Meanwhile in 1979, a veteran Awoist and lawyer, Chief Ige, who had served in the cabinet of then Colonel Adebayo when Adeyemi was made the Alaafin, was elected Governor of Oyo State. When Aderemi died, Adeyemi expected that he would be proclaimed the new Chairman of the Oyo State Council of Traditional Rulers. Ige did not. Instead, he proclaimed the new Ooni, Oba Okunade Sijuwade, Olubuse II, as the new chairman. This galled the Alaafin to no end. Citing historical precedence, the Adeyemi said no Oba should take precedence over the Alaafin because the Oyo Empire was the largest and most powerful political entity ever created by the Yoruba people. So enormous was the Alaafin in the imagination of the Yoruba people that even God was referred to as Alaafin Ode Orun (Alaafin of heaven).
Ige and his government also reached out to history that preceded the rise of Oyo Empire in the 14th Century citing the Arole tradition among Yoruba obas. The Arole tradition is that you cannot be promoted beyond the first occupier of the throne. In the Ife tradition, Oranmiyan, who founded both the Oyo and Benin dynasties, was an Ife prince who returned home after his foreign exploits to become the 4th Ooni. The issue was never fully resolved before Adeyemi passed on last month.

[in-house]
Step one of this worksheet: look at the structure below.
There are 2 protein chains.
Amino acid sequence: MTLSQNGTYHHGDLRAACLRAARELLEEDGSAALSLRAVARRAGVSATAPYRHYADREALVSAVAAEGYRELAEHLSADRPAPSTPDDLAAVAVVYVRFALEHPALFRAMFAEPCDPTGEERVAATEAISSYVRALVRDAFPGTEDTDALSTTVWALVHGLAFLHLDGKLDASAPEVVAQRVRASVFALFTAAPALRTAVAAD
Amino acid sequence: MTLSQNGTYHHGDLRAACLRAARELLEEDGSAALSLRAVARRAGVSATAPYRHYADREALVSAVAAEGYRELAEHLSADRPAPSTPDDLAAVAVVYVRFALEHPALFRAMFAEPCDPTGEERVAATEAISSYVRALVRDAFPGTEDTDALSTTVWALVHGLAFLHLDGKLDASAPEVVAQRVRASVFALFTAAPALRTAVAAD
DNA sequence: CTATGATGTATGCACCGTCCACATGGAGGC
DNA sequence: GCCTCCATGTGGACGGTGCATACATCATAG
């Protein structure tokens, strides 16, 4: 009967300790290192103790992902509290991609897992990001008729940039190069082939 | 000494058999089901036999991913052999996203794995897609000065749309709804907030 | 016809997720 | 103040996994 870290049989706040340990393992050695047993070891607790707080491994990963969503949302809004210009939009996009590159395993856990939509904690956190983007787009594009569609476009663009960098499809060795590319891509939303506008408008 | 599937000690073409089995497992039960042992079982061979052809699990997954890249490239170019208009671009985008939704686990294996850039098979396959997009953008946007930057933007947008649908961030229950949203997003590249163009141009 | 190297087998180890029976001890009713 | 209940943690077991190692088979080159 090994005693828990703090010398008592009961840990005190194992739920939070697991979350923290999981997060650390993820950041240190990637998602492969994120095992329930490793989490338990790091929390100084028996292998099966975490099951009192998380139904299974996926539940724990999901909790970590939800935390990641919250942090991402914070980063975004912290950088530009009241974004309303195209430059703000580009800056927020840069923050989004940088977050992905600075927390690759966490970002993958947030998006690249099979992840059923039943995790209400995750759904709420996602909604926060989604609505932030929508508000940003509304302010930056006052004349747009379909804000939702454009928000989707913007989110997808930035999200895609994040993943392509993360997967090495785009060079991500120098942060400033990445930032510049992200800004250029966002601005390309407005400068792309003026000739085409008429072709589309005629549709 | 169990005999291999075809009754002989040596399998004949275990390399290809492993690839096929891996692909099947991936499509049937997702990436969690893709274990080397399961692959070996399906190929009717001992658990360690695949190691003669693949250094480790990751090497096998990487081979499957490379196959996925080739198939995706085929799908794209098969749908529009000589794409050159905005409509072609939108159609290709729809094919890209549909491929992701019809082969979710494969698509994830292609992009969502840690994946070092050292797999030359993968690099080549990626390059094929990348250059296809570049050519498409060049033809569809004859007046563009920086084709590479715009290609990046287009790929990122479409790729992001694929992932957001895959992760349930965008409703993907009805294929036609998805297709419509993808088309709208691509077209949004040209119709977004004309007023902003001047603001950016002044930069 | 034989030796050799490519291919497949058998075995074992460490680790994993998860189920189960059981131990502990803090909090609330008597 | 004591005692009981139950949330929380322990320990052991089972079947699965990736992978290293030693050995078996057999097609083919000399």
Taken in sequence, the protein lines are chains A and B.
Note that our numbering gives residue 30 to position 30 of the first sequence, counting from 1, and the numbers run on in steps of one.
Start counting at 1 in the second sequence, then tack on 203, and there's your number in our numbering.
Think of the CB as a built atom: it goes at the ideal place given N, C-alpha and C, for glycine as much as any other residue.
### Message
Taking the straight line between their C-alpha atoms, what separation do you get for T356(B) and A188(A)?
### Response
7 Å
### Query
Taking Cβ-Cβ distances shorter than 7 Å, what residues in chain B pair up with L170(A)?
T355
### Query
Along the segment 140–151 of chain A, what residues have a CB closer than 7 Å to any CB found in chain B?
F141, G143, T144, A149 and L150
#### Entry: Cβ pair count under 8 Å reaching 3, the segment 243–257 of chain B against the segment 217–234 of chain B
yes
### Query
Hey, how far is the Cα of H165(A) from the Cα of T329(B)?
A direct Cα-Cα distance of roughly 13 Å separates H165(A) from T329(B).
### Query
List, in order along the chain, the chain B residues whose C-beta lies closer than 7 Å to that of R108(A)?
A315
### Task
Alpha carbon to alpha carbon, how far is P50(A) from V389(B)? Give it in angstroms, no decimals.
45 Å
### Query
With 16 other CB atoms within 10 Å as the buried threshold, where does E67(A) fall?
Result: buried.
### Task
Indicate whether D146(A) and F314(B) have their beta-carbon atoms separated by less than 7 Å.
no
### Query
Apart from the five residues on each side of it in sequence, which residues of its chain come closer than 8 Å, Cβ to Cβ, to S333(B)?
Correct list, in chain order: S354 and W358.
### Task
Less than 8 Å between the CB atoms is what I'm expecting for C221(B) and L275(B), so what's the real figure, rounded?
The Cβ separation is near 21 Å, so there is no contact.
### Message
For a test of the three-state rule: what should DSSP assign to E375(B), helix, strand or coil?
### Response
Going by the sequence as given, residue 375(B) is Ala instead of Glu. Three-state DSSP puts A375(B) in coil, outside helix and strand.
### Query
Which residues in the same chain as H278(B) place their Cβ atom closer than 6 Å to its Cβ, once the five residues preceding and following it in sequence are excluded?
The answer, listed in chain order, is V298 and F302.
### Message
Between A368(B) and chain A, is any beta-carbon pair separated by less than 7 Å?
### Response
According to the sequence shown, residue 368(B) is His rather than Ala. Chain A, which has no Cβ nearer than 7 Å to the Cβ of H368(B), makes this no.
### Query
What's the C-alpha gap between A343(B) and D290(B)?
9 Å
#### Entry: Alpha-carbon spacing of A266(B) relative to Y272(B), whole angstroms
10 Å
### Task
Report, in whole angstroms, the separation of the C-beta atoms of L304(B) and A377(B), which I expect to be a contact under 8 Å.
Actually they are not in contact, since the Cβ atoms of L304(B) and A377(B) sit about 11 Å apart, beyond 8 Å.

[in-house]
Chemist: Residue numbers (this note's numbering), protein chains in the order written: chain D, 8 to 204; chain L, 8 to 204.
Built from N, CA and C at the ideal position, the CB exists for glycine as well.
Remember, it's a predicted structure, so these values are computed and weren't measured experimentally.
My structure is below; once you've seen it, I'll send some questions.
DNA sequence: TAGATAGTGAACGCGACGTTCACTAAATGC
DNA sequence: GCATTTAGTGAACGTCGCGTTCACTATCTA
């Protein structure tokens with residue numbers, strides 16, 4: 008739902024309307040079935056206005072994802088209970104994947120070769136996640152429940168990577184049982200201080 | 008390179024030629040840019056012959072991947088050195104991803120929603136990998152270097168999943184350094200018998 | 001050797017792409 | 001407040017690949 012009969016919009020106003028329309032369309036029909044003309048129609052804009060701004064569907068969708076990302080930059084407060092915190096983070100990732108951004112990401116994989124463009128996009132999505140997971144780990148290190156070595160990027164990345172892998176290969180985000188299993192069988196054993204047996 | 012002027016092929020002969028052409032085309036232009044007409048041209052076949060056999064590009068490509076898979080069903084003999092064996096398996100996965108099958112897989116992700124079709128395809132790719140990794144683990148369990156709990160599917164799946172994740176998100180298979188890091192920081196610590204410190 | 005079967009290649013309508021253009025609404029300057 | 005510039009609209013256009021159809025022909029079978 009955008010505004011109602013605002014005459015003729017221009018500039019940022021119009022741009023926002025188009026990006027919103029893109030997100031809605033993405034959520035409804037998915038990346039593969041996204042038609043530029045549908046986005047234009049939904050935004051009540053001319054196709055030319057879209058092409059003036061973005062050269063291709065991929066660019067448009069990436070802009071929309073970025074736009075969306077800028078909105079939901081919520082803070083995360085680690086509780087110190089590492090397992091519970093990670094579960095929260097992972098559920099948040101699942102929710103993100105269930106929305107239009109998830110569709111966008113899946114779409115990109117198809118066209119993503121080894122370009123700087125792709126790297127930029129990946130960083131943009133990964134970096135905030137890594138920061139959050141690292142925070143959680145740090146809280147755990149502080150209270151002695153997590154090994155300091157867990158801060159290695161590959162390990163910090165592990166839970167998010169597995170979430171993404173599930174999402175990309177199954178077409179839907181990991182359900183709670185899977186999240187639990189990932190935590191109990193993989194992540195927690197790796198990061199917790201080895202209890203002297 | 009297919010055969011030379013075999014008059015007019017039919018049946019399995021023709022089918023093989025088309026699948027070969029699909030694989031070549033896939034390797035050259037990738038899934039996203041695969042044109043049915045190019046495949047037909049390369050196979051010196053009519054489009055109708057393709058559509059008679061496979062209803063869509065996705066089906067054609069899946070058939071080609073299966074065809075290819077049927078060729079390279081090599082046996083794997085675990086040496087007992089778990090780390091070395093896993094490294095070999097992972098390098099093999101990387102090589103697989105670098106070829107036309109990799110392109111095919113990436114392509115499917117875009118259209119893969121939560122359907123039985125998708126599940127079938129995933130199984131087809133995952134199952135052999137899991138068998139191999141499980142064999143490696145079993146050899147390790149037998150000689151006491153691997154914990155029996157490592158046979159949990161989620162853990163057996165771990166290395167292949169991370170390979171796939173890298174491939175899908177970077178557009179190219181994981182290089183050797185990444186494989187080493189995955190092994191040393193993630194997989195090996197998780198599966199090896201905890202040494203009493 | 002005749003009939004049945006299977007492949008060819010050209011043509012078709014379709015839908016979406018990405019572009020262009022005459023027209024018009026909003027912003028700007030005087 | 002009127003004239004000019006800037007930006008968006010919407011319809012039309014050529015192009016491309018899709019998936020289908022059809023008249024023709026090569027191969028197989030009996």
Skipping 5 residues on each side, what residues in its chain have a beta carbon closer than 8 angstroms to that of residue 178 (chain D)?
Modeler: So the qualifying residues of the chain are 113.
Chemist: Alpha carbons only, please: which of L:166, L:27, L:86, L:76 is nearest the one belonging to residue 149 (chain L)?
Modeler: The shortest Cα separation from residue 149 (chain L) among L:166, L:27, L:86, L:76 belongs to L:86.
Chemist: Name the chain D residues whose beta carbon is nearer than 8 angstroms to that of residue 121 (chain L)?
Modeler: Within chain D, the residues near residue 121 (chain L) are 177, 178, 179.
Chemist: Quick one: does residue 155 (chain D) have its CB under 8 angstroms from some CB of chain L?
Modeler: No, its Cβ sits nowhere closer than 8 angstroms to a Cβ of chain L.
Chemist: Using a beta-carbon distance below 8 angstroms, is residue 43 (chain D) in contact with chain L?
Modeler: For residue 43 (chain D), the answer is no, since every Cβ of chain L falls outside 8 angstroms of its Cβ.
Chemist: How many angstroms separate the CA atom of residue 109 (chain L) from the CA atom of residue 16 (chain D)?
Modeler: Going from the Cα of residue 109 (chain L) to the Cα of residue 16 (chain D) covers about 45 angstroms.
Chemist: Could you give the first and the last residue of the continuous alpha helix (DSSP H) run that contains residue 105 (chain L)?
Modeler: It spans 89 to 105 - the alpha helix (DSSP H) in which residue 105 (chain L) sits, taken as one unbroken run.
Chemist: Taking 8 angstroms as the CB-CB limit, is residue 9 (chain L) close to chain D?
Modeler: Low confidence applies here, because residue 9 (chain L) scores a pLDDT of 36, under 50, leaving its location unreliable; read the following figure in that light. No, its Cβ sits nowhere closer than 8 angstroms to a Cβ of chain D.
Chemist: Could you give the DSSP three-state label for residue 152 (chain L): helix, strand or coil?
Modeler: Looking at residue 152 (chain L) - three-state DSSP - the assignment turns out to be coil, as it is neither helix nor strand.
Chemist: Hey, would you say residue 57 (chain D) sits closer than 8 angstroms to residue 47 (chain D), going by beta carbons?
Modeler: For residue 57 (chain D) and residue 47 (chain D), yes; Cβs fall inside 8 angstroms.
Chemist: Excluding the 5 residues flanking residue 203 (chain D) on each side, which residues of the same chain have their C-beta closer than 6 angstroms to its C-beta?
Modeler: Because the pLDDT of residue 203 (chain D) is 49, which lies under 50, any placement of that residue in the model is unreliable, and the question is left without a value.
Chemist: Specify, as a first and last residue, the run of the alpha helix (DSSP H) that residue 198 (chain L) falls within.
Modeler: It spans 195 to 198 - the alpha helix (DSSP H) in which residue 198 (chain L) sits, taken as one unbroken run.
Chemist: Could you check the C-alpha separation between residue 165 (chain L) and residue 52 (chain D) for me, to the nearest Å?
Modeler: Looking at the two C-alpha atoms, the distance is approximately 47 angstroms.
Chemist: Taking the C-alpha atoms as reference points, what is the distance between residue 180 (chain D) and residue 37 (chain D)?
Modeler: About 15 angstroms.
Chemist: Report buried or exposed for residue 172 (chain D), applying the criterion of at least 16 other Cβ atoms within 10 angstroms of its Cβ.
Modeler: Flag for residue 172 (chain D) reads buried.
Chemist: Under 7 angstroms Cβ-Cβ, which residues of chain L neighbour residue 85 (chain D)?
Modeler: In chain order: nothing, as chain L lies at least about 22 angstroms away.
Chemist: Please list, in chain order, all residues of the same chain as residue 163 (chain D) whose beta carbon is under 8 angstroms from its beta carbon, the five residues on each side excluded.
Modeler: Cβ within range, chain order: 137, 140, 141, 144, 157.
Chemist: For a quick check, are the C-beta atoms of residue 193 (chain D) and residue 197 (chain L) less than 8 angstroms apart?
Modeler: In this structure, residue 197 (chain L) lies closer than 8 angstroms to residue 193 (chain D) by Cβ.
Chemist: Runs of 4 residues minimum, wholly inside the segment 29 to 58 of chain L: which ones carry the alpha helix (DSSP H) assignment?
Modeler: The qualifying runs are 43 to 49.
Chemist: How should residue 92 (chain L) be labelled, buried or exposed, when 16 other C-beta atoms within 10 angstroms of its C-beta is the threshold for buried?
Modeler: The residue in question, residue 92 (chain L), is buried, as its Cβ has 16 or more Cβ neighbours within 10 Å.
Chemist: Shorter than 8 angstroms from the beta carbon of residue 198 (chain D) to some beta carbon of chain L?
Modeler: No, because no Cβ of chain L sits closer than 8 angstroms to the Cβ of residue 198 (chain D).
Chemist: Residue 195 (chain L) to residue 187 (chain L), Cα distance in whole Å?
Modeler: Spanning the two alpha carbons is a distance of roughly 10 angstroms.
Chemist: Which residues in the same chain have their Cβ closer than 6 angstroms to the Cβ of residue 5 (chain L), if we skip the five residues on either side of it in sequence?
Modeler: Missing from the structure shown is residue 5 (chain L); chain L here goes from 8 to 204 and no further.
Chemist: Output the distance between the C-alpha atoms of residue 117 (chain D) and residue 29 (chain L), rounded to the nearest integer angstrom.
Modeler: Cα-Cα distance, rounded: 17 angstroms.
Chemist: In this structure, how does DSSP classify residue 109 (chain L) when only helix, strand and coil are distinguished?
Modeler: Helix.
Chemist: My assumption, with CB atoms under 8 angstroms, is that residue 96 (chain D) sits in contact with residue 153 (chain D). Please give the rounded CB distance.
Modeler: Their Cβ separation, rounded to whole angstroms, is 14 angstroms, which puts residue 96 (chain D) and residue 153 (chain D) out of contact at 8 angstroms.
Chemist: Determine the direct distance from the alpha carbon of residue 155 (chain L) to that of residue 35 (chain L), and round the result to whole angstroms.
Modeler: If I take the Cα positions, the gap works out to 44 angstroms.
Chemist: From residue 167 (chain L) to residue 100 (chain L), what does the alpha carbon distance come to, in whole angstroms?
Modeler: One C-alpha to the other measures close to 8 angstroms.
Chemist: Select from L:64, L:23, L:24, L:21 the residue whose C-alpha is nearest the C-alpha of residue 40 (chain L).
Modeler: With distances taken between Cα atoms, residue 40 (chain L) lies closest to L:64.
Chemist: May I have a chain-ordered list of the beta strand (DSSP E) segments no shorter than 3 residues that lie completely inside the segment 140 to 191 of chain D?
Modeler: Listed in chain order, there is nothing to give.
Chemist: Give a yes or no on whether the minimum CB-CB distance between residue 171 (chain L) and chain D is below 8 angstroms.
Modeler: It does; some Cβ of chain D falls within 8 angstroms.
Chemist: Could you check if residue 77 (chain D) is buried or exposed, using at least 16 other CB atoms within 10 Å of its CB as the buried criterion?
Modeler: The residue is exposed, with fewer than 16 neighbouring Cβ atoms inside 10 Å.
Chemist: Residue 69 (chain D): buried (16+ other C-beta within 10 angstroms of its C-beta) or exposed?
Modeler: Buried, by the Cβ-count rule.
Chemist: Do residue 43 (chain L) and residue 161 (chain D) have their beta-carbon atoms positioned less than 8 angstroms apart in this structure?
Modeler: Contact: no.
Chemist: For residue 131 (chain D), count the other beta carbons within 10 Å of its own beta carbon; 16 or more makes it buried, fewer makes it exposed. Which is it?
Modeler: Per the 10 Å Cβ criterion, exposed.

In the winter of his years, it was appropriate that Adeyemi found accommodation with Sijuwade’s successor, the gregarious Oba Adeyeye Enitan Ogunwusi, Ojaja II. Adeyemi was a tireless advocate of Yoruba interest and fearless apostle of true federalism based on justice and equity. He was a true Alaafin, standing up to the cants of politicians and chicanery of power mongers.
Few days before his death, he was responding to a new initiative spearheaded by Oba Abolarin for traditional rulers and other Yoruba elders to intervene in the bristling competitiveness among leading Yoruba political figures to succeed President Buhari. On the day of his death, his emissary had delivered his message to Oba Abolarin in Oke Ila. In truth, Oba Adeyemi died in harness. A true giant has left us.